Chess Merit Badge Tips: Chess Board And Pieces

Chess Merit Badge Tips: Chess Board And Pieces

Mar 9, 2016, 2:22 AM |

Learning the history of chess may be interesting, but learning how to set up a chess board and pieces is the first step to actually playing chess!

For best results -- and to prepare scouts for real tournament play -– purchase a roll-up board that has the letters a-h and the numbers 1-8 imprinted on at least two sides of the board. The letters a-h designate the files (columns up and down the board) and the numbers designate the ranks (rows across).

In a later article, I will discuss how to name each individual square with the letters and numbers. The tips below are to help scouts learn how to set up the board and the pieces. For complete instructions for all the pieces, consult the merit badge pamphlet and


Remember these tips for setting up the board and pieces:

A light/white square is always in the right-hand corner (for both players)
The queen goes on her own color (light queen on a light square, dark queen on a dark square)
The light/white pieces go on ranks 1 and 2. The dark/black pieces go on ranks 7 and 8


To practice how the pieces move and capture, select one piece (for example, a king) and place it on its starting square. Then place several pawns of the opposite color on various (legal) squares on the board.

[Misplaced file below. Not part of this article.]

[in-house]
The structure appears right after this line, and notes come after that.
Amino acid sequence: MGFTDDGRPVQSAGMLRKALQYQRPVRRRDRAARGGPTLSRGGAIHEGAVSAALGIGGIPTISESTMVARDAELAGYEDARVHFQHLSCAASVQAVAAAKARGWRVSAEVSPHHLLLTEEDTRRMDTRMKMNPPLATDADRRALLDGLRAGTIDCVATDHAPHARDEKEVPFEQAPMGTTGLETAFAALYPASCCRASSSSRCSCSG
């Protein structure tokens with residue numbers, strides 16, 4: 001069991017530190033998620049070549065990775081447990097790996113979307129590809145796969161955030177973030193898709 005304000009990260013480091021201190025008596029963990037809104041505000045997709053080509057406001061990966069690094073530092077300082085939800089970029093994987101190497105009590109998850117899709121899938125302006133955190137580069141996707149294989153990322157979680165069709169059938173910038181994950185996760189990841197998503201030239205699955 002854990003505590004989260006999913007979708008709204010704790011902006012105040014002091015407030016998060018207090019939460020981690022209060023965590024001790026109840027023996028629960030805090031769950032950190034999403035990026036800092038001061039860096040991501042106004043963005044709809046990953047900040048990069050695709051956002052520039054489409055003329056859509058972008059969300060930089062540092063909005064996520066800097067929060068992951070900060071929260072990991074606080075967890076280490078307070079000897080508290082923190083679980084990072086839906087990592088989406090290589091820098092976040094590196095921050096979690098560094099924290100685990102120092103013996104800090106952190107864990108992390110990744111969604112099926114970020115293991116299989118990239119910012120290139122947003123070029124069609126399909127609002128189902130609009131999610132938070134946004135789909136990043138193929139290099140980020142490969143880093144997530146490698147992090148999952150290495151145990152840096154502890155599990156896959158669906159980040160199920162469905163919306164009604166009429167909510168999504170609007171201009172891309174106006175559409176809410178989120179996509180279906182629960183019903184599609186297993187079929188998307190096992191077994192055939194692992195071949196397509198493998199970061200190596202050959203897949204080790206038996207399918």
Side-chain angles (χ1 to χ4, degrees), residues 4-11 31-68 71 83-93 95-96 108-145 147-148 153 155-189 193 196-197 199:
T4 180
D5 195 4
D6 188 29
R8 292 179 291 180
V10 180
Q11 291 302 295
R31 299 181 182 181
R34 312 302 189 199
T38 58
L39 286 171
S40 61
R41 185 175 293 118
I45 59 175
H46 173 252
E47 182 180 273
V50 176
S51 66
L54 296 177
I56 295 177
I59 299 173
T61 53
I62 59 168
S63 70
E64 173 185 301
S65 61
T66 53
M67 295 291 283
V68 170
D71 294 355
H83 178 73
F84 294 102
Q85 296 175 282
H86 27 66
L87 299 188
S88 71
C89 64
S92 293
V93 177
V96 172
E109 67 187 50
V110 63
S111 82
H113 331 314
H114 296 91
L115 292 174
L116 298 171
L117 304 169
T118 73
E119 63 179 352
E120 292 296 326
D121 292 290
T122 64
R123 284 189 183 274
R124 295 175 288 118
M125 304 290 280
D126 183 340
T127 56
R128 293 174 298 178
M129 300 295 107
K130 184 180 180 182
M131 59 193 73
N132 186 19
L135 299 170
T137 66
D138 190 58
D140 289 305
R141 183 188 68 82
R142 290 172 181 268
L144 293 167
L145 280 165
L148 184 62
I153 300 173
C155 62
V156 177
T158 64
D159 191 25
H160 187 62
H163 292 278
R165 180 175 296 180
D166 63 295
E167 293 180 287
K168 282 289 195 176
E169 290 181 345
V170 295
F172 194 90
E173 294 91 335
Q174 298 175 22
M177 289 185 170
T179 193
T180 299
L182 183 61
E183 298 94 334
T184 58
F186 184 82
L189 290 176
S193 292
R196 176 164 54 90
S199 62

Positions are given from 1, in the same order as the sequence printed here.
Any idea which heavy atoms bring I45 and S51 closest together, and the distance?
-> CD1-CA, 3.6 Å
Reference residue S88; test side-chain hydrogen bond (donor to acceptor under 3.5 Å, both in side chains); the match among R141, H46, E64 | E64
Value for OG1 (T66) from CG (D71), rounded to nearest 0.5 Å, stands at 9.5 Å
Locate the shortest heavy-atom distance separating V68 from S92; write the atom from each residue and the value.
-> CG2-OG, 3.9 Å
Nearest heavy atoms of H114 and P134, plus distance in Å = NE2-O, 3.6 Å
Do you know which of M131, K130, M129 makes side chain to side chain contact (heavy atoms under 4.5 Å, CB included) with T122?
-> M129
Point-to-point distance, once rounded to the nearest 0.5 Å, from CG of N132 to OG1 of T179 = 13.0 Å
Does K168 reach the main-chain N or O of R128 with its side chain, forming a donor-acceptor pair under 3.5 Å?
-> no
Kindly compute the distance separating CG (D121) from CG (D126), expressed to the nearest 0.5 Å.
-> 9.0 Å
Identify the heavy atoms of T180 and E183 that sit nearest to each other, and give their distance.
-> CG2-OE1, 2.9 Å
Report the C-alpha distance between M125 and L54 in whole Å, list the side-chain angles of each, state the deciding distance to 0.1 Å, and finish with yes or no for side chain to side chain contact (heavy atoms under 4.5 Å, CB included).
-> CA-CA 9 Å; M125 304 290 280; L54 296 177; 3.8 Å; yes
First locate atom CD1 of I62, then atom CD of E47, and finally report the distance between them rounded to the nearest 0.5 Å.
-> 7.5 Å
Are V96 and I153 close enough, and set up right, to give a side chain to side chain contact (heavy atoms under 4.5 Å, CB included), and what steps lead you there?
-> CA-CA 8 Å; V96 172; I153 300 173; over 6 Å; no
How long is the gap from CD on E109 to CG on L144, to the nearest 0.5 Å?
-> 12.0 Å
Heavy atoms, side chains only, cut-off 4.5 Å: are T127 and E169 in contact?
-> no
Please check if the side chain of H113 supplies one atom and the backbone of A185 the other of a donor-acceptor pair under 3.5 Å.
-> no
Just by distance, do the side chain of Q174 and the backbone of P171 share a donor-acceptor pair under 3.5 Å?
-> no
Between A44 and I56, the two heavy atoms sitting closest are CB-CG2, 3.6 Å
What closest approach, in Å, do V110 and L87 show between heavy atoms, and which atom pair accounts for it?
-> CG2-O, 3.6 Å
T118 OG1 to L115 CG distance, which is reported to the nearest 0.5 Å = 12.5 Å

Then practice moving your king to capture each pawn. The pawns are not allowed to move. But the king cannot capture a pawn if it is protected by another pawn.

This is simply an exercise to practice how each piece moves and captures. After some practice, try capturing these pawns in the fewest number of moves. In the diagram below, ignore the black king in the corner.



To practice how pawns move and capture, play the pawn game. Only the eight pawns for each side are set up in their starting positions. The goal of the game is to get one of the pawns to the eighth rank (for White) or the first rank (for Black).

Whoever gets a pawn to the last rank first wins. After several tries, add one piece at a time and play the pawn game (with the same goal). in the diagram below, the kings have been added.




Using a demonstration board or regular chessboard, have the scout share tips on how to set up a chessboard and pieces, calling out the names of the pieces as they go on the board.
Teach a family member or friend how your favorite piece moves.
Create a poster for each chess piece that shows how the piece moves.
Write a story about your favorite chess piece and why it is your favorite. Include how the piece moves in your story.
Create a chess position on the board with a knight vs. six pawns (or however many you choose) and challenge your friends to capture all the pawns in the fewest possible moves without putting the Knight in danger of being captured by one of the pawns. Ask if there are alternative solutions.